African influences on Puerto Rican culture is ubiquitous and is present in Puerto Rican music, cuisine, and even in the way that the island’s language evolved. And although experts estimate that up to 60% of Puerto Ricans have significant African ancestry, almost 76% of Puerto Ricans identified as white only in the latest census poll–a phenomenon that many sociologists have blamed on anti-blackness.

On Puerto Rico’s Día de la Abolición de Esclavitud, many people can’t help but notice that the island celebrates a day of freedom and independence when they are not really free themselves.

As the fight for Puerto Rican decolonization rages on, there is a bit of irony in the fact that Puerto Rico is one of the only American territories that officially celebrates the emancipation of slaves, when Puerto Rico is not emancipated from the United States. Yes, many Black Americans recognize Juneteenth (June 19th) as the official day to celebrate emancipation from slavery, but it is not an official government holiday.

Perhaps, Puerto Rico celebrates this historical day of freedom because they understand how important the freedom and independence is on a different level than mainland Americans do.

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How Afromexicanos Fought For Their Place on the 2020 Mexico Census and Why It Took So Long

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How Afromexicanos Fought For Their Place on the 2020 Mexico Census and Why It Took So Long

Photo via SusanaHarp/Twitter

Black history month is the time of year that we shine a spotlight on the rich and unique history of people of African descent in the United States–a past that has consistently been downplayed, ignored, and in some cases, erased from our history books.

At this point, it’s evident that the Black experience is not a monolith–there is no “one way” to be Black. And yet, many people still struggle to comprehend the fact that Afro-Latinos exist.

When you hear the term Afro-Latino, you might immediately think of a few Caribbean Spanish-speaking nations with explicit ties to the African diaspora–Puerto Rico, the Dominican Republic, Cuba, for example.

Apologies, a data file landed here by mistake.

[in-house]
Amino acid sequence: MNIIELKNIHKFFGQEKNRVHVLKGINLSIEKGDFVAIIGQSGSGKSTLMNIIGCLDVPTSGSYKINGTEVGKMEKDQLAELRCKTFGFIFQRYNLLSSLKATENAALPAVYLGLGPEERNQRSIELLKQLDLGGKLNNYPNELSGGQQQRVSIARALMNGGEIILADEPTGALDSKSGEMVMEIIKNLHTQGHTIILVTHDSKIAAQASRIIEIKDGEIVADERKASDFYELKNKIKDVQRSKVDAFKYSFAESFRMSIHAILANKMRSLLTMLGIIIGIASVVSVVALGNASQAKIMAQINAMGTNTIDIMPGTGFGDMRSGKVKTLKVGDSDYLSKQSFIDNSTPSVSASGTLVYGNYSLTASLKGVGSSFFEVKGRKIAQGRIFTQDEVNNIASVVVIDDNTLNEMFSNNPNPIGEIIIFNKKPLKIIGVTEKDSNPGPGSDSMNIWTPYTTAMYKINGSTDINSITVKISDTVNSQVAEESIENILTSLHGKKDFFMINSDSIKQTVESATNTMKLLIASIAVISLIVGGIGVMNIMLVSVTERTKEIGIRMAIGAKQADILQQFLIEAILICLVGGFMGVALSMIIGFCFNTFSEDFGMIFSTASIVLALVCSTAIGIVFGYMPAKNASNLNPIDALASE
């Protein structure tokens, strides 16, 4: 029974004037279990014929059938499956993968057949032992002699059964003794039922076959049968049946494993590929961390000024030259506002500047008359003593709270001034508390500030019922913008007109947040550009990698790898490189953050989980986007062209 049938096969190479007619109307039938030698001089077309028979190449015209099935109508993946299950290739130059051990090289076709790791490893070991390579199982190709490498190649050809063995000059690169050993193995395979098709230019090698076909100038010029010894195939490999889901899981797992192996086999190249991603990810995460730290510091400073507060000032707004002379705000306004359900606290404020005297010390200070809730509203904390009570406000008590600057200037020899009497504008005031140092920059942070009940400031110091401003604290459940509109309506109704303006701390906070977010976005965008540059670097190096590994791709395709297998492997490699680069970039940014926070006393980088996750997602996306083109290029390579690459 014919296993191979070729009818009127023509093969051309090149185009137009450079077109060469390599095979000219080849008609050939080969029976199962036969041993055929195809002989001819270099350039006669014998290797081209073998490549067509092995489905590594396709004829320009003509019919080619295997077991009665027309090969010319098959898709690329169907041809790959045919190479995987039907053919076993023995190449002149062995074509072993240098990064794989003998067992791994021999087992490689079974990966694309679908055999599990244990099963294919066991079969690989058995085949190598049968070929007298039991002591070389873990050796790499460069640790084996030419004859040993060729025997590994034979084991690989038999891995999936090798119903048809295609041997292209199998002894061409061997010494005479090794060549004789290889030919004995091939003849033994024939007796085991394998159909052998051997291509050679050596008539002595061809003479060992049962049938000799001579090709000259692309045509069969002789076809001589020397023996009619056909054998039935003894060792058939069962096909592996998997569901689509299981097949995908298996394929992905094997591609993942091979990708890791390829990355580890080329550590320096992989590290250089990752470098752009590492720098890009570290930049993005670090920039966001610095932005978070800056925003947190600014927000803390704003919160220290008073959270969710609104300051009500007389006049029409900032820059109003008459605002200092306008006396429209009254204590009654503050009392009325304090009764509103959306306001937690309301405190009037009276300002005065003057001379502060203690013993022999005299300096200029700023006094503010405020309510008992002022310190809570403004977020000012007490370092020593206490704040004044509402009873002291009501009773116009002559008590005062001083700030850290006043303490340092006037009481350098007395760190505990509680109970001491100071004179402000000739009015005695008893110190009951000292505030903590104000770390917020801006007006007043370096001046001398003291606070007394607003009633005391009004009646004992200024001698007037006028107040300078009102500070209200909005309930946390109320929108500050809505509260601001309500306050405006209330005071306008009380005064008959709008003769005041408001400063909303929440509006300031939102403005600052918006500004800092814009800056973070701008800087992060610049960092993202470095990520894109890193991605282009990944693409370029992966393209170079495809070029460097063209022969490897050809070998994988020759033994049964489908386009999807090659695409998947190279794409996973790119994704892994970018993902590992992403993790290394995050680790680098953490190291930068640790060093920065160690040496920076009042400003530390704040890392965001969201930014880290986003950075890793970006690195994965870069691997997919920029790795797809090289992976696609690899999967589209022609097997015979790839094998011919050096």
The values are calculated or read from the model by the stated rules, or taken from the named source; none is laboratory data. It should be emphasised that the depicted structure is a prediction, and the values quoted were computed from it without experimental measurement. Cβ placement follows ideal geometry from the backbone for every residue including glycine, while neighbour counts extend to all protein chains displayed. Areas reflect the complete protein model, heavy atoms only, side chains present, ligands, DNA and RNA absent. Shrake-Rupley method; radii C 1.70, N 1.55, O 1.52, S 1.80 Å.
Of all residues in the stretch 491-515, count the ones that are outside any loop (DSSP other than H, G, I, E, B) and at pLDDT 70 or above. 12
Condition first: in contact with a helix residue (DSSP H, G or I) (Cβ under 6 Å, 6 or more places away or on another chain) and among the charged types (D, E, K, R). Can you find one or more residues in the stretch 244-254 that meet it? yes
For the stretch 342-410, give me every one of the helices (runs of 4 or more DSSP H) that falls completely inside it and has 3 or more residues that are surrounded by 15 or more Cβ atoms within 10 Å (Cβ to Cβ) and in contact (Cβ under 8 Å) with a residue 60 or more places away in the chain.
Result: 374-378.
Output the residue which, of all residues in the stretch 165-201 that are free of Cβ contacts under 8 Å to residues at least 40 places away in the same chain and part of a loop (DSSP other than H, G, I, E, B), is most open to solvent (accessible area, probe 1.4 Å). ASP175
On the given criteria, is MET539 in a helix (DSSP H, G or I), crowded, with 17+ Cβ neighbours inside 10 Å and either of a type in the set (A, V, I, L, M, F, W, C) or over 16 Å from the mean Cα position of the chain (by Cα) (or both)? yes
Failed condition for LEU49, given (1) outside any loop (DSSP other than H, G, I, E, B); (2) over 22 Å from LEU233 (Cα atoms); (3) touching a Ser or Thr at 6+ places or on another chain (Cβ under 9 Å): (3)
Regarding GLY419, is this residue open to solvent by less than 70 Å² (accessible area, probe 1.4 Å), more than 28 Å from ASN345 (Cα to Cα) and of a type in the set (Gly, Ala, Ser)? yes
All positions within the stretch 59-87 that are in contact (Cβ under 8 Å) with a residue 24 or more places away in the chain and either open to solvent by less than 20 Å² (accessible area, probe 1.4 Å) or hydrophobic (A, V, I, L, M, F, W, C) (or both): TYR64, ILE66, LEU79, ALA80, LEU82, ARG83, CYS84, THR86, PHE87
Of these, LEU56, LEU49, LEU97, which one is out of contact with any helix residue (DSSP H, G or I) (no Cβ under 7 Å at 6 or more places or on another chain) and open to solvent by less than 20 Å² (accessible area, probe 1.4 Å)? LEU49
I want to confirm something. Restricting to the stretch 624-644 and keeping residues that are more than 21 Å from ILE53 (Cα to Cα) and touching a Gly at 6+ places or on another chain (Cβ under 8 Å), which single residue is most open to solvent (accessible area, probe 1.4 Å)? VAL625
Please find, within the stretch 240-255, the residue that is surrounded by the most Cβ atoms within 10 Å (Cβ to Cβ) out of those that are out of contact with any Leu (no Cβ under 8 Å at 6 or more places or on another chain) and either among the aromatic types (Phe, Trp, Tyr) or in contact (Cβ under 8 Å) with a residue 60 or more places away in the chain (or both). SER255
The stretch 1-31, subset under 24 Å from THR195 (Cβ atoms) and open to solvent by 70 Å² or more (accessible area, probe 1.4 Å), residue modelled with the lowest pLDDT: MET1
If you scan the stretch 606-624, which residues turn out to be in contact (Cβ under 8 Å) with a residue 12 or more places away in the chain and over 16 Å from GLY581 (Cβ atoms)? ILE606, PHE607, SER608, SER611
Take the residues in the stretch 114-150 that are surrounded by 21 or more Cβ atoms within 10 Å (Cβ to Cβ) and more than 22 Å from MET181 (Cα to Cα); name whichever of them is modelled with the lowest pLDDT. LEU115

But the fact is, Black people are everywhere in Latinidad. But Afro-Latinos in non-Caribbean countries often feel overlooked, erased. And this phenomenon is especially true for afromexicanos.

In 2020, after years of fighting, Afro-Mexicans finally got recognition on the Mexican census.

The question was simple, but powerful: “Por sus costumbres y tradiciones, ¿se considera usted afromexicano, negro o afrodescendiente?” (“Based on your culture and traditions, do you consider yourself Afro-Mexican, black or Afro-descendant?”)

For Americans, especially, it can be hard to understand why the question wasn’t on the census in the first place. After all, Americans live in a country where identities are divided into strict categories: Black, white. Hispanic, non-Hispanic.

But for Mexicans, the concept of race and ethnicity is a bit more complicated. To critics, separating people into Black, white, and Indiegnous categories on the census seemed divisive. Many Mexicans identify as mestizaje–a combination of indigenous, European, and, to some extent, African roots.

But for the organizers of the #AfroCensoMx campaign–a campaign to add the negro/afromexicano to the census–the movement was more than just identity politics.

Self-identifying as Black on the Mexican census is, of course, a little bit about pride in one’s identity, but it also has more practical concerns.

The census numbers who also inform organizations about socio-economic patterns associated with being Black in Mexico–information that is invaluable. Because as of now, afromexicanos have unique experiences that are informed by their heritage, their culture, and their place in the Mexican stratum.

As Bobby Vaughn, an African-American anthropologist who specializes in Black Mexicans, put it bluntly: “Mexicans of African descent have no voice and the government makes no attempt to assess their needs, no effort to even count them.”

But for afromexicano activists, being identified as such on the Mexican census is empowering.

Lumping all Mexicans together and ignoring their (sometimes very obvious) differences can have the effect of making certain groups feel erased. Yes, Black Mexicans are simply Mexicans–that fact is not up for debate. But stories abound of afromexicanos being discriminated against because of the way they look.

An Afro-Mexican engineer named Bulmaro García from Costa Chica (a region with a significant Black population) explained to The Guardian how he is grilled by border guards and asked to sing the Mexican national anthem whenever he crosses into Guerrero.

He says the guards’ behavior is “classic discrimination due to skin color. [They think] if you’re black, you’re not Mexican.”

The differences exist, and by acknowledging it, we are more able to speak truth to power.